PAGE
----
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IBM Smart Cities, Helsinki – latest notes

9.50 Keynote What will the future city look like? The city of transaction How to plan a socially, economically and environmentally sustainable city The effects of the digital revolution on human behaviour patterns Tim Stonor, Architect & Urban Planner, Managing Director, Space Syntax (UK) _____________ Data is not the solution. Turning data into knowledge is […]

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IBM Smart Cities, Helsinki

19th October 2011 Tim Stonor “What will the future city look like?” View the presentation Themes to be addressed 1. How to plan a socially, economically and environmentally sustainable city. 2. Effects of the digital revolution on human behaviour patterns. Summary In addressing the question, “What will the future city look like?” I am less […]

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The end of ages for transport planning and the birth of an era of transaction planning

There is so much interest, from so many different interests, in the future of urban living. This suggests that, whatever else, people suspect that things will change. I’m sure this is right – technology, resource scarcity, population growth, energy shortage and climate change: all are factors that will provoke change. The question is, will these […]

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Measuring & modelling cities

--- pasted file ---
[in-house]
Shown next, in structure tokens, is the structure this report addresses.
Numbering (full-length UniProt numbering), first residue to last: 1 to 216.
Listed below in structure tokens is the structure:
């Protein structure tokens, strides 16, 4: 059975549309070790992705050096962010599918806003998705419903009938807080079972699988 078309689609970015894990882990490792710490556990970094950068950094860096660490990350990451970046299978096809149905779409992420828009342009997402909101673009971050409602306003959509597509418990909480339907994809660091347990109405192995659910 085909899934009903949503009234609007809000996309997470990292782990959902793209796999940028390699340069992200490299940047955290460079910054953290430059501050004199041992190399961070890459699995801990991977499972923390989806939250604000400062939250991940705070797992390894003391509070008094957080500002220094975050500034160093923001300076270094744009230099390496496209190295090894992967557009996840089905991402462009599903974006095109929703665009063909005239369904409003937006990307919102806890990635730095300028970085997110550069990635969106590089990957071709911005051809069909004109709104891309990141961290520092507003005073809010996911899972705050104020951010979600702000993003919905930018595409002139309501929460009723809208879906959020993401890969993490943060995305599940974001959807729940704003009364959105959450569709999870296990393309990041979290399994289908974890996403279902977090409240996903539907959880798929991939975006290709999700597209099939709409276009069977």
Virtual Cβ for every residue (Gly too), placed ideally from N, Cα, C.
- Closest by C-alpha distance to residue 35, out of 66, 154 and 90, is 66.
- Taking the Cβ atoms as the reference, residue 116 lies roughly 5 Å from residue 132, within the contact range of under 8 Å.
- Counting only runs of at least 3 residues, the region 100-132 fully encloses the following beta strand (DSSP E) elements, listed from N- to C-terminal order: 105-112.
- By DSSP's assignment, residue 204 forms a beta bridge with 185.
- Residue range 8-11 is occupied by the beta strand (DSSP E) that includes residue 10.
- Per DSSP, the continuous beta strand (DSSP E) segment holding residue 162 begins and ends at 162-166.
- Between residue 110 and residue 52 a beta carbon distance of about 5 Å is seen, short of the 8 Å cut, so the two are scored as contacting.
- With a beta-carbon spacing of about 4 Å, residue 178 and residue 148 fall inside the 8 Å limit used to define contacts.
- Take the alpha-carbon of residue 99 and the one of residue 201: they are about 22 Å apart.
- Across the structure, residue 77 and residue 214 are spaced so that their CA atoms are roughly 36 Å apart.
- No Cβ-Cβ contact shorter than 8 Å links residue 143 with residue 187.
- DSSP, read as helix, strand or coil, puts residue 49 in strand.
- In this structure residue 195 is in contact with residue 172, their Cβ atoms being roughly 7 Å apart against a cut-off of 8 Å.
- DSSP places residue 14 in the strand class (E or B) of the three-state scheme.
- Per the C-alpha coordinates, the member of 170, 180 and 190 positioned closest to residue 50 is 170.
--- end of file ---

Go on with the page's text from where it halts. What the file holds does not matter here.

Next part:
11th May 2011 2011 Urban Systems Symposium NYU Shack Institute of Real Estate, New York Download presentation

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Spatial layout, urban movement & human transaction

Download my presentation “Designing mobility for democracy: the role of cities” #demobility Thursday, 14th April 2011 from 1pm to 5pm NYU, Kimmel Center, Eisner & Lubin Auditorium 60 Washington Square South, New York Summary Given the title of this event: “Designing mobility”, I want to turn to the subject of design and the role of […]

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Space Syntax & the future of urban planning software

Notes from a lecture given at the Lincoln Institute of Land Policy 23rd March 2011 View a summary of the presentation on YouTube Opening comments Good afternoon. I am delighted to have this opportunity to report on my progress as this year’s Lincoln Loeb Fellow. My brief today is in two parts: first, to describe my […]

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Academics “embrace” Wikipedia – shock!